Gerhard Salinger study of Jewish Stargard

A German-American Jewish historian, Gerhard Salinger, who is the author of detailed studies of the Jewish communities of Pomerania and West Prussia, has collected the available Jewish records for  the town where our Wohlgemuth family originated.

We learn this from a December 2010 review of Salinger's West Prussia book by Dorothea Shefer-Vanson in the Journal of the Assoiation of Jewish Refugees, in which she describes Salinger's methods using his work in Stargard as an example. Here is the relevant passage from the review.

So how has he set about his seemingly overwhelming task? Take the town of Preussisch Stargard (now Starogard Gdanskie) as an example (see Part I). What can the reader expect to find here? Apart from a brief potted history, Salinger notes that two Jews, Mendel Salomon and Alex Baruch, were permitted to settle there in 1774 because they possessed more than 1,000 Taler. By 1812 there were 112 Jewish households, and individual names - both original and adopted later - are listed. 

The population had grown to 597 by 1840, to 688 by 1849, and to its highest number (802, 13.7 per cent of the population) by 1870. There was a synagogue, a rabbi and a school. 

Salinger goes on to list all those Jews who paid taxes in 1883, stating their names, occupations and places of residence. There is also a list of tax-payers in 1911. The names of two men who lost their lives in action during the First World War are given, as are extracts from the Secret State Archives in Berlin concerning the election of Jewish officials and other matters.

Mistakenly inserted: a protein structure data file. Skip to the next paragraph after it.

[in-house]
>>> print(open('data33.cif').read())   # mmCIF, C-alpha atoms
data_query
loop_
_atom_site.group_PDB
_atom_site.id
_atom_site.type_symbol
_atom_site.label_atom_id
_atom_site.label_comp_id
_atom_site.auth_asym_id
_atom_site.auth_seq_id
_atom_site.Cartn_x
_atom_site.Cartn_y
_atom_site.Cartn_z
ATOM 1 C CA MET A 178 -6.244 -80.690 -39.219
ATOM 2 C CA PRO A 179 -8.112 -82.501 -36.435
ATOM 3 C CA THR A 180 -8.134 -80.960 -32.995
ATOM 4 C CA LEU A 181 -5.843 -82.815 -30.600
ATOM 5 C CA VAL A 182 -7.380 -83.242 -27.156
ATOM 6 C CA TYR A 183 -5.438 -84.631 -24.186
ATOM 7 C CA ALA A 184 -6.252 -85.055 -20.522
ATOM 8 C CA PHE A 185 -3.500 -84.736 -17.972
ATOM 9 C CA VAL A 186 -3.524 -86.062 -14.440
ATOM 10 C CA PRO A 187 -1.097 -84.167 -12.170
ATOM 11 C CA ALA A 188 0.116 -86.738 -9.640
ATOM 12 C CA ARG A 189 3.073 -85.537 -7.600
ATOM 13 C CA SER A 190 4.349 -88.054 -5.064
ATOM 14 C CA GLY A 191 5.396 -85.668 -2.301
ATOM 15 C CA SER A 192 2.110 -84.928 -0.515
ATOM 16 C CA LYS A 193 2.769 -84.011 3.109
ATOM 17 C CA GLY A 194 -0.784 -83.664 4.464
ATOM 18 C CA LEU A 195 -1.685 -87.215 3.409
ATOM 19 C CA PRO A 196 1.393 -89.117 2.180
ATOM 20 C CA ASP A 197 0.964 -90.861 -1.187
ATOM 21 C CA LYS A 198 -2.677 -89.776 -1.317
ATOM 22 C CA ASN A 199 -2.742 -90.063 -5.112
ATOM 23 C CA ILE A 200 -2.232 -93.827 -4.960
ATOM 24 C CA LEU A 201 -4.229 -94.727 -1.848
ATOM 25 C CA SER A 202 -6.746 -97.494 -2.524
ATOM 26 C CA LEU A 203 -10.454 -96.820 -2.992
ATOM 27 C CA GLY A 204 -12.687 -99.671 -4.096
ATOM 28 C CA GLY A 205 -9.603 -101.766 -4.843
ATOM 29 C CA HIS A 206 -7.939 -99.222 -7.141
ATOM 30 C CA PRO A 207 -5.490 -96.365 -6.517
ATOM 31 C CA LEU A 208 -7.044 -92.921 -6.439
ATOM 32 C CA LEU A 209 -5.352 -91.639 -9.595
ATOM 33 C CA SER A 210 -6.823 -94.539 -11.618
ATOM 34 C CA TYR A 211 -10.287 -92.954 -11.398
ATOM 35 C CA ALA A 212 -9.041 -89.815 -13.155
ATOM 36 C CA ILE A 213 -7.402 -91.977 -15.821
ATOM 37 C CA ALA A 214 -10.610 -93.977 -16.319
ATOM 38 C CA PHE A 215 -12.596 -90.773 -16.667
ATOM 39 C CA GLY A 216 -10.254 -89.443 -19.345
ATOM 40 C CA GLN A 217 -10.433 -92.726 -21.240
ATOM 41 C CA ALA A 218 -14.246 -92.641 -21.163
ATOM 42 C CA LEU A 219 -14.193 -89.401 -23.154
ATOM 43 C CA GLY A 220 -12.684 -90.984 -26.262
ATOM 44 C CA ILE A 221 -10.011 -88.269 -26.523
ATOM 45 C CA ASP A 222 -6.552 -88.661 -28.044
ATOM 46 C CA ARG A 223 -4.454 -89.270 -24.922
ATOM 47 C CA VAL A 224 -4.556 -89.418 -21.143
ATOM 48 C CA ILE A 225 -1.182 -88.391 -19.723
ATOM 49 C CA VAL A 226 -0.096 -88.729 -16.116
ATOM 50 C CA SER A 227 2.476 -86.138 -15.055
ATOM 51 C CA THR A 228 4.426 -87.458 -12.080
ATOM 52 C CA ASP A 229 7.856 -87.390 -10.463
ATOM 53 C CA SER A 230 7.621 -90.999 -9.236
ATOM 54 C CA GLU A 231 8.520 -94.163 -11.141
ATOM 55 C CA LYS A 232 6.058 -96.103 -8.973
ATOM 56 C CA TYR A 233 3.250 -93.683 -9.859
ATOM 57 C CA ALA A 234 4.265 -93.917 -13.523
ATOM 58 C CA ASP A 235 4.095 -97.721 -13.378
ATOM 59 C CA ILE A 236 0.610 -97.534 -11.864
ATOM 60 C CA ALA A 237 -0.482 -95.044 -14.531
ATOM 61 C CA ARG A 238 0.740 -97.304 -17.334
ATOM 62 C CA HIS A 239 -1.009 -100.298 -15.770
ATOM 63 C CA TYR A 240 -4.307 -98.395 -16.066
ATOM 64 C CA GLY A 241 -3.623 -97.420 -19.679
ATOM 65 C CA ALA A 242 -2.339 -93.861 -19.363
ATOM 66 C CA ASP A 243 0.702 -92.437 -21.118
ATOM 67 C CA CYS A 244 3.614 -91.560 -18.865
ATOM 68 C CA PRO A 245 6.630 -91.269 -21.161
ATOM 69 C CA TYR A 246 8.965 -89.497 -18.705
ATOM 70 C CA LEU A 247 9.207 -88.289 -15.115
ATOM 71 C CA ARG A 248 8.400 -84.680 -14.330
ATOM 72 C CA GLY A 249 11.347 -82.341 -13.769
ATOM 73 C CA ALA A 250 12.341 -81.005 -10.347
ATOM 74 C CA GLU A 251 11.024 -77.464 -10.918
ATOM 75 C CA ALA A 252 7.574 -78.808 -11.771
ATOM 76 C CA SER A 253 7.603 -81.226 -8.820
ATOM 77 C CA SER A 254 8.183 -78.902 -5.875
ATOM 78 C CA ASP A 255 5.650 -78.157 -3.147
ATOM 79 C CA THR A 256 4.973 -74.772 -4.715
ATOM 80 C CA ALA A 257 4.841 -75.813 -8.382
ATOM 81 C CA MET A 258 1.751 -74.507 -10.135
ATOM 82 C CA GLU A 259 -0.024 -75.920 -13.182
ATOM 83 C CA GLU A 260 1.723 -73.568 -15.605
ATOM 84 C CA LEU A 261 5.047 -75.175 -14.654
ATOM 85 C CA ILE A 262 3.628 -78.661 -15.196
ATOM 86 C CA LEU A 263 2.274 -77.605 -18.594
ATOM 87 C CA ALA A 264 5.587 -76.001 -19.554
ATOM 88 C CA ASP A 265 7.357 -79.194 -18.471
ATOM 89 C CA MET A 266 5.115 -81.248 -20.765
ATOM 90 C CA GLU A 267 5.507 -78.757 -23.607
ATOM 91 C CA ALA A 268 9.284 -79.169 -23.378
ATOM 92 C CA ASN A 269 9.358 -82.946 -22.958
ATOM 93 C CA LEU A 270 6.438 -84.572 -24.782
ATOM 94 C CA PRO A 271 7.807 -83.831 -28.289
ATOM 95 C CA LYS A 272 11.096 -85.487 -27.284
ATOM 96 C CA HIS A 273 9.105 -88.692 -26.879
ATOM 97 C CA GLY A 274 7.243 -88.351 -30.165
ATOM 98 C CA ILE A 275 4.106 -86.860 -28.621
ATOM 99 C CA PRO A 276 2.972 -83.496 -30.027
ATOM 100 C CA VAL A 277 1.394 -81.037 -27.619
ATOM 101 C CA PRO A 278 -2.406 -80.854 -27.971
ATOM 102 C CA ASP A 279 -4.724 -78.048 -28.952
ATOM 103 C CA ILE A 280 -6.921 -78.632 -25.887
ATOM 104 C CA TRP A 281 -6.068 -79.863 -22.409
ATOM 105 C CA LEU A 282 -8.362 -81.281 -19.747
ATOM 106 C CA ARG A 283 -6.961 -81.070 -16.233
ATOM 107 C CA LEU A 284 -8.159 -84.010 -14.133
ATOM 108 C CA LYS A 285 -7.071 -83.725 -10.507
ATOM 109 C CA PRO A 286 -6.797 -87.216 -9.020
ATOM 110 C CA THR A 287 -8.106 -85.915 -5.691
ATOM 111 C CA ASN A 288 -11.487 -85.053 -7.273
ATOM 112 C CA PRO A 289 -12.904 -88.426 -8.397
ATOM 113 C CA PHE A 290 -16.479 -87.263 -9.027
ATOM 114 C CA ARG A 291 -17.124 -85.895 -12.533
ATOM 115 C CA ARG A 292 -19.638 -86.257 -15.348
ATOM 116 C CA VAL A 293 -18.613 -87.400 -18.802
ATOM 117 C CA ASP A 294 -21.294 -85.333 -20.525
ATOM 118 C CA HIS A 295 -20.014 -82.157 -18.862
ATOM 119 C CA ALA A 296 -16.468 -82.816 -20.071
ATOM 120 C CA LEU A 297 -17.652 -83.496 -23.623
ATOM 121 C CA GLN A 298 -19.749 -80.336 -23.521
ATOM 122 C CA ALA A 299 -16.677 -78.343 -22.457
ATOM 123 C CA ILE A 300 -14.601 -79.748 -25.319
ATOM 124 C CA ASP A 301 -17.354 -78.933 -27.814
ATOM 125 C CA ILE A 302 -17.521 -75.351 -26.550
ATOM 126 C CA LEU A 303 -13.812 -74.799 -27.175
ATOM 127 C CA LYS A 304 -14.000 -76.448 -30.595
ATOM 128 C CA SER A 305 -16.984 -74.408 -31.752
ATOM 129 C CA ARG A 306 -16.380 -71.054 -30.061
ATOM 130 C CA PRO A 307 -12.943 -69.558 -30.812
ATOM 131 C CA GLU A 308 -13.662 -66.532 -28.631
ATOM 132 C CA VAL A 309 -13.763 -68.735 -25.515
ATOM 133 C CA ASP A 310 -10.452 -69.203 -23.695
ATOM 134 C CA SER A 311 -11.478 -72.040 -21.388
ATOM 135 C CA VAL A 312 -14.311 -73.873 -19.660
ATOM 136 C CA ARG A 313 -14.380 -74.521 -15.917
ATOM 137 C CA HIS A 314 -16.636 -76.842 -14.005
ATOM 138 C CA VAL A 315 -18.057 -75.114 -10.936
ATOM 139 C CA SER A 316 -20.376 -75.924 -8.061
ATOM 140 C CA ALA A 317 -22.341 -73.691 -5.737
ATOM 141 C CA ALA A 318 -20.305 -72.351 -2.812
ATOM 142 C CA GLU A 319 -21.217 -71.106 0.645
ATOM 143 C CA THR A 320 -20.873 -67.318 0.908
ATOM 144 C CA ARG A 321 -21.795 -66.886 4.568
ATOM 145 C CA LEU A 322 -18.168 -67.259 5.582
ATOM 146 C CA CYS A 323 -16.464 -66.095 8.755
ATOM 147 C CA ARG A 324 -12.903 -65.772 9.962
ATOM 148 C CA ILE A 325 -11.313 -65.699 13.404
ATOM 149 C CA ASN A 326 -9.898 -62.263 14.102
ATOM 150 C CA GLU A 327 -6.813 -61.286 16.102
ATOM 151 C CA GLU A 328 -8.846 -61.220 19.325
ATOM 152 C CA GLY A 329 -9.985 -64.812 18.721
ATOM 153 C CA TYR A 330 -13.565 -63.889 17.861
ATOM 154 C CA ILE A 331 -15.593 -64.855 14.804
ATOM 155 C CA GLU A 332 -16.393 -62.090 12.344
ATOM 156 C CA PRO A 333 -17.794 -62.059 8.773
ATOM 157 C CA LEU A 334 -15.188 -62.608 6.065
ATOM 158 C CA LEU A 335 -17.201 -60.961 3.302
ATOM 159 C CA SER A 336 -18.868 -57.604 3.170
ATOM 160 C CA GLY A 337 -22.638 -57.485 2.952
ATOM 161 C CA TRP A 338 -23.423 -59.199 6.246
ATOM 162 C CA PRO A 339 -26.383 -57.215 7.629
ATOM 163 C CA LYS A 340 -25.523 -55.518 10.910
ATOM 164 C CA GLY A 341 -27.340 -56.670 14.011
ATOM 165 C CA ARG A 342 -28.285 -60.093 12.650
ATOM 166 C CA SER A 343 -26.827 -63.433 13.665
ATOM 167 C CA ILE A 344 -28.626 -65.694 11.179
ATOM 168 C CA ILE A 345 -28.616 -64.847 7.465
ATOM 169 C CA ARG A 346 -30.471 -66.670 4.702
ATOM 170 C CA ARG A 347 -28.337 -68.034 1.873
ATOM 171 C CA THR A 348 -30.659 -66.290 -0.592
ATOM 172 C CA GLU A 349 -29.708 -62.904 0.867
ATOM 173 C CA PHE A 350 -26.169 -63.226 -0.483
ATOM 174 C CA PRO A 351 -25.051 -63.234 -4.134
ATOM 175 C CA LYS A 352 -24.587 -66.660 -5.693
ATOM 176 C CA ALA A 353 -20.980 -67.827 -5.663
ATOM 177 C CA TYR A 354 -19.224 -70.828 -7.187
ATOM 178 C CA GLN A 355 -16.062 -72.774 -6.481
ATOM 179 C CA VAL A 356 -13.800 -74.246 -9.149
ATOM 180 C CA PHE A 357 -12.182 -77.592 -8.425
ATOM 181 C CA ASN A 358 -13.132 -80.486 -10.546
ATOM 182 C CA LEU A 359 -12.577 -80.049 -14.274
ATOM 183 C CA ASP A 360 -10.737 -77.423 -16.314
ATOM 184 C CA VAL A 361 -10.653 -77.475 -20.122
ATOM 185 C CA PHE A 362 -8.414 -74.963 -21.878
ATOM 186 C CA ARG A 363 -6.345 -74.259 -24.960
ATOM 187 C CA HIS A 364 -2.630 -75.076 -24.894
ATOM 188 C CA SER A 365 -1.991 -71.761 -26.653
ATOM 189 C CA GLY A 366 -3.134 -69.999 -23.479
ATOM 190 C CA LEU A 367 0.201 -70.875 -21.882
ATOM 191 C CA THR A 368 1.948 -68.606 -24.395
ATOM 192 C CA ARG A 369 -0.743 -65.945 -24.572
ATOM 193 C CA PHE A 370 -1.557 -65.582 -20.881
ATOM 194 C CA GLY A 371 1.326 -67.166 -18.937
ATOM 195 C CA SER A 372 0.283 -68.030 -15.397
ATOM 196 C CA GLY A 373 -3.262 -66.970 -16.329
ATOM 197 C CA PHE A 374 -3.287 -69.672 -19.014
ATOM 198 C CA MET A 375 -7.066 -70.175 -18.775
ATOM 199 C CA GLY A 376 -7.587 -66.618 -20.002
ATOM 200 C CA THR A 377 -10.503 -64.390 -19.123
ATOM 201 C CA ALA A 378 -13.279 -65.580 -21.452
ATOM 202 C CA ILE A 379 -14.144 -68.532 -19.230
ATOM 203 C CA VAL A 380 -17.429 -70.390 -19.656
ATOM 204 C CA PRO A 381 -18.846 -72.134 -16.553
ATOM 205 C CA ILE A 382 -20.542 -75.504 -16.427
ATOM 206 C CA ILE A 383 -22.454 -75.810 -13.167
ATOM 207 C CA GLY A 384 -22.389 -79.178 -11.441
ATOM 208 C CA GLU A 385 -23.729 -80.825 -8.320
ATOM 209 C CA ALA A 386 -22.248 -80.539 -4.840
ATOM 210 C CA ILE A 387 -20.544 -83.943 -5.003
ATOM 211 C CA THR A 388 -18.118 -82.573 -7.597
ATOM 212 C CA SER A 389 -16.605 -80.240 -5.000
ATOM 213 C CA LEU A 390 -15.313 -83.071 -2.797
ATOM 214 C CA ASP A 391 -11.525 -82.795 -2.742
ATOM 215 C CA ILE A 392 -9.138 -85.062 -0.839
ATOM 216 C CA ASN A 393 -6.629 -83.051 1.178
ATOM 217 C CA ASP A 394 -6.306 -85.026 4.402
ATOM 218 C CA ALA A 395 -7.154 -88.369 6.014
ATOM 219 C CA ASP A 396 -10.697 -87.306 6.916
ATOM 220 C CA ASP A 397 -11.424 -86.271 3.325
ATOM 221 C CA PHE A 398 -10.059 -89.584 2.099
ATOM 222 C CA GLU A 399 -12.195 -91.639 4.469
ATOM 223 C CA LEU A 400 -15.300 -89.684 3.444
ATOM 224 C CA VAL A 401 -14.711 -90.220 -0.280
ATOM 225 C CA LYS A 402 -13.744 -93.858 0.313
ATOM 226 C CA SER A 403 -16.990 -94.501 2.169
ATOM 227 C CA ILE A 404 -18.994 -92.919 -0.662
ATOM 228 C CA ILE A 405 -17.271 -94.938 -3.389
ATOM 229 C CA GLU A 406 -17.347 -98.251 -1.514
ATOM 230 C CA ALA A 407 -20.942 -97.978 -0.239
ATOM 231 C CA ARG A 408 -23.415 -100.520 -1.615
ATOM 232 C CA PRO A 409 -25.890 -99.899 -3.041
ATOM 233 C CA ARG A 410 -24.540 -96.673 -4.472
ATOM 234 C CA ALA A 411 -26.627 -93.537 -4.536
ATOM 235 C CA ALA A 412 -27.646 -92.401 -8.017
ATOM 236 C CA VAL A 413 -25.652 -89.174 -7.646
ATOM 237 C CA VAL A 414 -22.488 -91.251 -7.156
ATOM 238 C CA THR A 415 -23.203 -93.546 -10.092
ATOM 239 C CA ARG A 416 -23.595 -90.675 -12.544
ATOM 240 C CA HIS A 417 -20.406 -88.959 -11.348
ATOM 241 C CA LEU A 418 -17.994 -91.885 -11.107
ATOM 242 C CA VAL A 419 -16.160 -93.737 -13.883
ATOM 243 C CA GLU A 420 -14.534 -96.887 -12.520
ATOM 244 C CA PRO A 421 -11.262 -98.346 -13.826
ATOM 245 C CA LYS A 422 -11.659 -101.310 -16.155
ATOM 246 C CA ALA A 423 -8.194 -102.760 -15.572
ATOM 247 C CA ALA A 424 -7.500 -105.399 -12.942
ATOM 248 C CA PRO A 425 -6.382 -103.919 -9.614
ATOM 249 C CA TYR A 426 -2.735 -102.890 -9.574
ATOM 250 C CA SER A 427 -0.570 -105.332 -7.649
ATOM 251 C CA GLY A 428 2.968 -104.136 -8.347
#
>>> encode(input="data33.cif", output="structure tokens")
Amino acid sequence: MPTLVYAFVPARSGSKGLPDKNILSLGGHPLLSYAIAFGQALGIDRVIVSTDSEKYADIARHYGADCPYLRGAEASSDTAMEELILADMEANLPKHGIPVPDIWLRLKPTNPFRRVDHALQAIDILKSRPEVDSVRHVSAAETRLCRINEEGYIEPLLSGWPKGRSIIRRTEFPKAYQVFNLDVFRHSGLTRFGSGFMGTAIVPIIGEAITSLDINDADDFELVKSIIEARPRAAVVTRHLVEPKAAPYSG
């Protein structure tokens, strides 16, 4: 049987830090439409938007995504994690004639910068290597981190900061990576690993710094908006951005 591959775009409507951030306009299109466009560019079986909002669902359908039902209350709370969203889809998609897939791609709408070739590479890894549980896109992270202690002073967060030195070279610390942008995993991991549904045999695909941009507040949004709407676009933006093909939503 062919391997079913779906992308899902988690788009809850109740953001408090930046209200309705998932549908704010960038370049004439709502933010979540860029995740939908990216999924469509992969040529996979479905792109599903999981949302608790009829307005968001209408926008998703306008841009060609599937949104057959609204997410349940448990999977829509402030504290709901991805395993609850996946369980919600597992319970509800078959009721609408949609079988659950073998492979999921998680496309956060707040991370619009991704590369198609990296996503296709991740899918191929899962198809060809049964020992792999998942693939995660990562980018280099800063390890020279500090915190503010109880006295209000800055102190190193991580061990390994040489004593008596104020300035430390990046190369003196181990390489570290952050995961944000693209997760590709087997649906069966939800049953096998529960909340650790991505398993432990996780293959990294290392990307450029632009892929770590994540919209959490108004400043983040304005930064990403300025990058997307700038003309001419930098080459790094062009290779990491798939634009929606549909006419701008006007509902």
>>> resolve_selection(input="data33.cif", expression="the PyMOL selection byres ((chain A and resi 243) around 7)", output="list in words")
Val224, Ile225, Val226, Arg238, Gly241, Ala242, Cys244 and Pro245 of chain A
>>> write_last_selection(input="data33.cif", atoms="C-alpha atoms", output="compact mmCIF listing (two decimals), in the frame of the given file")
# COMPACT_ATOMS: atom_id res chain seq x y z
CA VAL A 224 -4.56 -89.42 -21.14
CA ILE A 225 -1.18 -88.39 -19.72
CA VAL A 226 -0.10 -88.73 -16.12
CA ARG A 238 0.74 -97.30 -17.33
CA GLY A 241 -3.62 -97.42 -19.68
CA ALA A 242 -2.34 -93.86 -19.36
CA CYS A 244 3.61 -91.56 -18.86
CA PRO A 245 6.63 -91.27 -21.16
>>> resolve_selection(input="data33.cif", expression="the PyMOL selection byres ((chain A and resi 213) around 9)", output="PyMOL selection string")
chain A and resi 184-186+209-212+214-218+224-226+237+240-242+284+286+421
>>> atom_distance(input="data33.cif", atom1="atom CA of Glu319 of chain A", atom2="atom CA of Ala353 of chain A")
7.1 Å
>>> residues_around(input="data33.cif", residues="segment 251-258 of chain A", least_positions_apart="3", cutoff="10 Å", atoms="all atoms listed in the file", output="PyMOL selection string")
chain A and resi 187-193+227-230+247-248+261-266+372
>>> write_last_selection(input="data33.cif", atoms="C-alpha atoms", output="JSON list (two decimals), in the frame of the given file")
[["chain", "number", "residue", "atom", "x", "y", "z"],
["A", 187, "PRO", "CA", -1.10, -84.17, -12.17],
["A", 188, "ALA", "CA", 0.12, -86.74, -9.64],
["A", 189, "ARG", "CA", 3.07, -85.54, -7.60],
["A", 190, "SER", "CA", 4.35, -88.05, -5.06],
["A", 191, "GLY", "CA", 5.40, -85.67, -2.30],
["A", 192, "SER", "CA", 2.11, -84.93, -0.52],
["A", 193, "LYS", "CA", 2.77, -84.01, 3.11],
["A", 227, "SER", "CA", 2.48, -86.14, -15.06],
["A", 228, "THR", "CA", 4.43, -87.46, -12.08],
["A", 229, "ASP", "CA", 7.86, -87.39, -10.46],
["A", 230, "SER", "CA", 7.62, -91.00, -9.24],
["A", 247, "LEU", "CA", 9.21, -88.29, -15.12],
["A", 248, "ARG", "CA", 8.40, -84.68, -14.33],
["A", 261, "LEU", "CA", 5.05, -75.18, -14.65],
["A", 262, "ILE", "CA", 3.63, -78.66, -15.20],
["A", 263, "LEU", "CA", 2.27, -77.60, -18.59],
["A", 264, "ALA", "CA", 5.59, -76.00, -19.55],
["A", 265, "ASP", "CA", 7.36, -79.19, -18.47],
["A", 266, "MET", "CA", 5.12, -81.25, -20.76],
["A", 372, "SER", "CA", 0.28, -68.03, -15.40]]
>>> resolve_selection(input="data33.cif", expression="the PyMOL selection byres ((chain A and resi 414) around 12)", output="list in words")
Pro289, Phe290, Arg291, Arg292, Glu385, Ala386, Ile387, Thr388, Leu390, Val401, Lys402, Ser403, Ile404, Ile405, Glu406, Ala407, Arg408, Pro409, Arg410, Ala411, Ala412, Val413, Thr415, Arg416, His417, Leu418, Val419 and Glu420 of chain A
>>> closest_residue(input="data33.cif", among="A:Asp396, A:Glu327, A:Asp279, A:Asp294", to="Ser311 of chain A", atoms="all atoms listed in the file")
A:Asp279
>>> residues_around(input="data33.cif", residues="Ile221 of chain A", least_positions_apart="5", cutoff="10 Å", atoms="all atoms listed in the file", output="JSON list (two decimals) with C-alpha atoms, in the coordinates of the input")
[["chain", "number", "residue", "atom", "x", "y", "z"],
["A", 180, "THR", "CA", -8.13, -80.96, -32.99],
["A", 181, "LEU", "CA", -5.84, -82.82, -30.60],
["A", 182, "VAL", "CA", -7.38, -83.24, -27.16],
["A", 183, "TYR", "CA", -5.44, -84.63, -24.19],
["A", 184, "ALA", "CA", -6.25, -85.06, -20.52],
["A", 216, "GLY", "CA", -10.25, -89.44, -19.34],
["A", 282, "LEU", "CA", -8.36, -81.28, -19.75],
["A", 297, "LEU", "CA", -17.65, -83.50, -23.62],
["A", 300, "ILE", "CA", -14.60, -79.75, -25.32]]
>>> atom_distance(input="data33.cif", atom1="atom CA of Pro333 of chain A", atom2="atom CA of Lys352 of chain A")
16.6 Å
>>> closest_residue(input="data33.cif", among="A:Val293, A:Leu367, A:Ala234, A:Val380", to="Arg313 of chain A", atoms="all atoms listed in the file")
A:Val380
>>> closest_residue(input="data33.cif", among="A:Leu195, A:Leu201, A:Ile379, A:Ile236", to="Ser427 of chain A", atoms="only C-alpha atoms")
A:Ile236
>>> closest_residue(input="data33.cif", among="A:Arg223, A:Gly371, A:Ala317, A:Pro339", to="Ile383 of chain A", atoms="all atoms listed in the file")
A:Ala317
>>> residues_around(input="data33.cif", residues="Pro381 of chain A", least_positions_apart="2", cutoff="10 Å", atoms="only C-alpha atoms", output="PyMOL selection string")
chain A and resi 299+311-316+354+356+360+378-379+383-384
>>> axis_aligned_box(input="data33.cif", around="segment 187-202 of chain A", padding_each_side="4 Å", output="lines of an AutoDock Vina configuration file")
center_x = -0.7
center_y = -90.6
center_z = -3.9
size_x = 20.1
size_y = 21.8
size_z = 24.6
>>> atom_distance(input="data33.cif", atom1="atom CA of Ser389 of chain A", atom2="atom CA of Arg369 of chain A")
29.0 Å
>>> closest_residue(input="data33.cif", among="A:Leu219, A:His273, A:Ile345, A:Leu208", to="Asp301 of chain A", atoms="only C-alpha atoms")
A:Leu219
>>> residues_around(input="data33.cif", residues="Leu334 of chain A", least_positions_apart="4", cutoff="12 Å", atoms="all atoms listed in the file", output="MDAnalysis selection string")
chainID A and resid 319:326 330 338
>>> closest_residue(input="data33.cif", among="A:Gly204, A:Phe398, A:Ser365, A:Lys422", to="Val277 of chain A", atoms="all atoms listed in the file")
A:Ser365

There is a list of deaths, giving names and age, going back to 1848, and a long list of deaths from 1857 until the community ceased to exist. It is striking that many died at a relatively young age. There is no information on where and how they died, but it is nonetheless an extraordinarily detailed survey.

On his visit to the town, Salinger discovered that the synagogue is now used as a shopping centre and that the greatly neglected cemetery has a number of gravestones, many severely damaged but five still standing upright, with the names of Mendelsohn and Wohlgemuth recognisable. Photographs of the former synagogue and the cemetery are provided.

How wonderful that he has called out the recognizable Wohlgemuth headstone that we have already discovered among the resources at Virtual Shtetl. More importantly are the multiple lists of residents, taxpayers, deaths, and war casualties for various years between 1812 and 1918. Undoubtedly we wiill be able to find more about our Wohlgemuth ancestors in Stargard by examining the actual book.

It is written in German in three volumes and evidently there are very few copies in existence. I will be trying to track it down.